It is official: I am a lame duck. My contract as President of the Kennedy Center expires at the end of next year and the board has just assembled a search committee to look for my successor. I am deeply grateful to have had the opportunity to lead this amazing institution and have enjoyed (almost) every minute of my tenure. But after 12 years as President, it is time for someone with a new and different vision to run the national cultural center. (I was meant to depart at the end of 2011 but I needed to stay to ensure that our affiliation with the Washington National Opera went smoothly. It has.)
I hope the Search Committee finds a remarkable person to run the Kennedy Center, someone who can take the institution to new places and can educate and entertain our audience in ways I could not even imagine.
But I would caution the members of this Committee (and any other search committee working in the arts today) not to ignore several key 'truths':
-- The health of any arts institution emerges from its programming. While board members searching for a new leader often believe that fundraising skill and experience are the keys to success, no one can raise funds for a boring institution for very long. I know that my stated enjoyment of fundraising has gotten me many jobs, but I know equally well that I have been lucky to work with organizations that did stellar work.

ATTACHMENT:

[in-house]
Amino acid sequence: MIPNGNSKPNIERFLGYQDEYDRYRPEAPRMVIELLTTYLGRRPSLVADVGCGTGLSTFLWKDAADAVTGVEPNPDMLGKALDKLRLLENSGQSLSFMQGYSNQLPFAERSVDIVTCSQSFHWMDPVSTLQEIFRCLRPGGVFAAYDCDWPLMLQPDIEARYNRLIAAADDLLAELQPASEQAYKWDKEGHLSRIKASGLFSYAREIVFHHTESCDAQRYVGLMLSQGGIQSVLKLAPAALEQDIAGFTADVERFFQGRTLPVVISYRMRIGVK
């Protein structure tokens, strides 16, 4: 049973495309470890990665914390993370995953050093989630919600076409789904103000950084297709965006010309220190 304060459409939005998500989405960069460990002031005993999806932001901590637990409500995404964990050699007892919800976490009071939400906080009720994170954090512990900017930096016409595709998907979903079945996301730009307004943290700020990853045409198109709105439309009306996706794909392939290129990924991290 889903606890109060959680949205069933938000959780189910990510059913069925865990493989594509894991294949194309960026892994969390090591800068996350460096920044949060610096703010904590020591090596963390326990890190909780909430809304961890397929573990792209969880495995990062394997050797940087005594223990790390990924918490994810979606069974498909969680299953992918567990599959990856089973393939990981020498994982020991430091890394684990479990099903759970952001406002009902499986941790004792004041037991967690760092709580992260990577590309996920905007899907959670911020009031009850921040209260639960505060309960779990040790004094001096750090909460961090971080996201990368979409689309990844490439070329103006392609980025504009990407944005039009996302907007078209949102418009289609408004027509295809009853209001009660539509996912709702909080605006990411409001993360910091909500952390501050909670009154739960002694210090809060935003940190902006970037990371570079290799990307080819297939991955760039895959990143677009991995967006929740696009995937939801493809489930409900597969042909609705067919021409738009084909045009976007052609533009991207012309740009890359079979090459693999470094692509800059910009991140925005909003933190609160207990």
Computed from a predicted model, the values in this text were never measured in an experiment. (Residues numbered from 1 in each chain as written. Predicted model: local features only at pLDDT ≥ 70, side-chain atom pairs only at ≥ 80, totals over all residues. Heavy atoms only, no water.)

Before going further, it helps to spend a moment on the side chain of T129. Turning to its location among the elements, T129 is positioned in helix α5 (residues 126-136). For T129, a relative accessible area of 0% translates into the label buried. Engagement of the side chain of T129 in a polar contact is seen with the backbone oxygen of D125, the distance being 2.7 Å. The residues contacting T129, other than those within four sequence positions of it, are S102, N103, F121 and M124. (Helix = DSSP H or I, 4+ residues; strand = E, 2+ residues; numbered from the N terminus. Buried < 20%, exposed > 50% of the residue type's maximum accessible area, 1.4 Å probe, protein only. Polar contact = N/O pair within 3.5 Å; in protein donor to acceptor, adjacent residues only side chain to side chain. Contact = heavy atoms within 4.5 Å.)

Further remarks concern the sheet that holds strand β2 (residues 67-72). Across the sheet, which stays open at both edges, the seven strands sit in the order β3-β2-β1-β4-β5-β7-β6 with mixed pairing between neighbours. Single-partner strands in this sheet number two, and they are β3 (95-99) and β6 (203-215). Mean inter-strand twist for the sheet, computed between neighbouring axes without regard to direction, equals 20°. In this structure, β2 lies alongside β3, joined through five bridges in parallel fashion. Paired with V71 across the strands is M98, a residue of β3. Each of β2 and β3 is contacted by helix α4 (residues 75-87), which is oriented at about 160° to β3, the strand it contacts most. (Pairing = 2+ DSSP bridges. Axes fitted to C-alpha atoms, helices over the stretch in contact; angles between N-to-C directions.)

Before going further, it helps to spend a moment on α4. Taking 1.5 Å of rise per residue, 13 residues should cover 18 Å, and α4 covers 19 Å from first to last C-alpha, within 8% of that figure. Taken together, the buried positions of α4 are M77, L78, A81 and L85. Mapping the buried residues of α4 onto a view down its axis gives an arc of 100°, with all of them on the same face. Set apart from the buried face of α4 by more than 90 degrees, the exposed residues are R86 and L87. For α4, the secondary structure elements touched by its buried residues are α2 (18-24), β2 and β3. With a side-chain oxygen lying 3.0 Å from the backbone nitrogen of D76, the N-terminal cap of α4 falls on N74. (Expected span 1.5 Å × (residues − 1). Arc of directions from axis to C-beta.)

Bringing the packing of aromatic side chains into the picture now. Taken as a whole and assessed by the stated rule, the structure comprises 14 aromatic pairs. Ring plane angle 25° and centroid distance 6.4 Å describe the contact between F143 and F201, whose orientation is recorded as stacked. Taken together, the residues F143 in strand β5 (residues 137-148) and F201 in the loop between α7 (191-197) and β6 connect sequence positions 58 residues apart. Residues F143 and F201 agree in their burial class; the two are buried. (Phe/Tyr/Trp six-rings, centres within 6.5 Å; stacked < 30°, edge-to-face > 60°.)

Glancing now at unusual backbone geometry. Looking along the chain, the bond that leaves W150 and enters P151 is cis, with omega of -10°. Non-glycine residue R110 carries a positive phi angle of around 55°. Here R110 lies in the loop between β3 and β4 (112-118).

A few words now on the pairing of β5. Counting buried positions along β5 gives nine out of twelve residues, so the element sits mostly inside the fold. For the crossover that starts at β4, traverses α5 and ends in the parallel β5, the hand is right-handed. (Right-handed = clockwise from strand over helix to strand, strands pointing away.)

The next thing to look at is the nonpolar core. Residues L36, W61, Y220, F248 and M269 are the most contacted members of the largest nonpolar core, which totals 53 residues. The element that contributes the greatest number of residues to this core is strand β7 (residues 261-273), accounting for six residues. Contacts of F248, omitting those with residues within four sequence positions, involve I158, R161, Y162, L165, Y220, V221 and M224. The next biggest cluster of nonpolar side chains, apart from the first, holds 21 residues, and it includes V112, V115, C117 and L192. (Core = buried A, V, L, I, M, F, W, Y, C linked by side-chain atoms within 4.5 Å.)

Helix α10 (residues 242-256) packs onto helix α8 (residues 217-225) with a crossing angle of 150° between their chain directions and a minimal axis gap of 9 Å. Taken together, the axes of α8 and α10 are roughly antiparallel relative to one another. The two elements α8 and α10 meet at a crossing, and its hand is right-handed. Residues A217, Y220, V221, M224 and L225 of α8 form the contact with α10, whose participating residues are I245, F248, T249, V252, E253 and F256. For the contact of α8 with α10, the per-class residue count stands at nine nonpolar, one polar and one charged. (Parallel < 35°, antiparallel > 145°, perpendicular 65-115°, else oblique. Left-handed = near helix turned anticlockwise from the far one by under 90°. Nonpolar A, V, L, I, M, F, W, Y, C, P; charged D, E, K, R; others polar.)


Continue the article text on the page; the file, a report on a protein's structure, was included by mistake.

-- There is not one correct way to run an arts institution. The board should not be looking for 'another Michael Kaiser.' The search committee should be hoping to find someone who can tell a coherent story of their own that links programming, marketing and fundraising success.
-- The new leader must not alienate the remainder of the senior staff. The leader of every institution gets far too much of the credit when things go well. In fact, it takes an entire staff to make an arts institution function. One must be very careful that the new leader can work with those staff members who are most integral to the success of the organization. I have observed too many new leaders gut the senior staff and then fail. The organization loses not just the new leader but the strong staff who were critical to its success.
-- The ability to program well for a large, multi-genre arts organization like the Kennedy Center is about creating an exciting set of programs for each season. The chief executive functions as a portfolio manager, assembling programs that address many constituencies and prove attractive to ticket buyers and donors. It is not about having one or two good ideas -- it is about conceiving and assembling an annual package. The committee must test the ability of each serious candidate to create such a season.
I am confident that the Kennedy Center Search Committee will find a great new leader. I, for one, cannot wait to see how the institution grows and changes in the coming decade.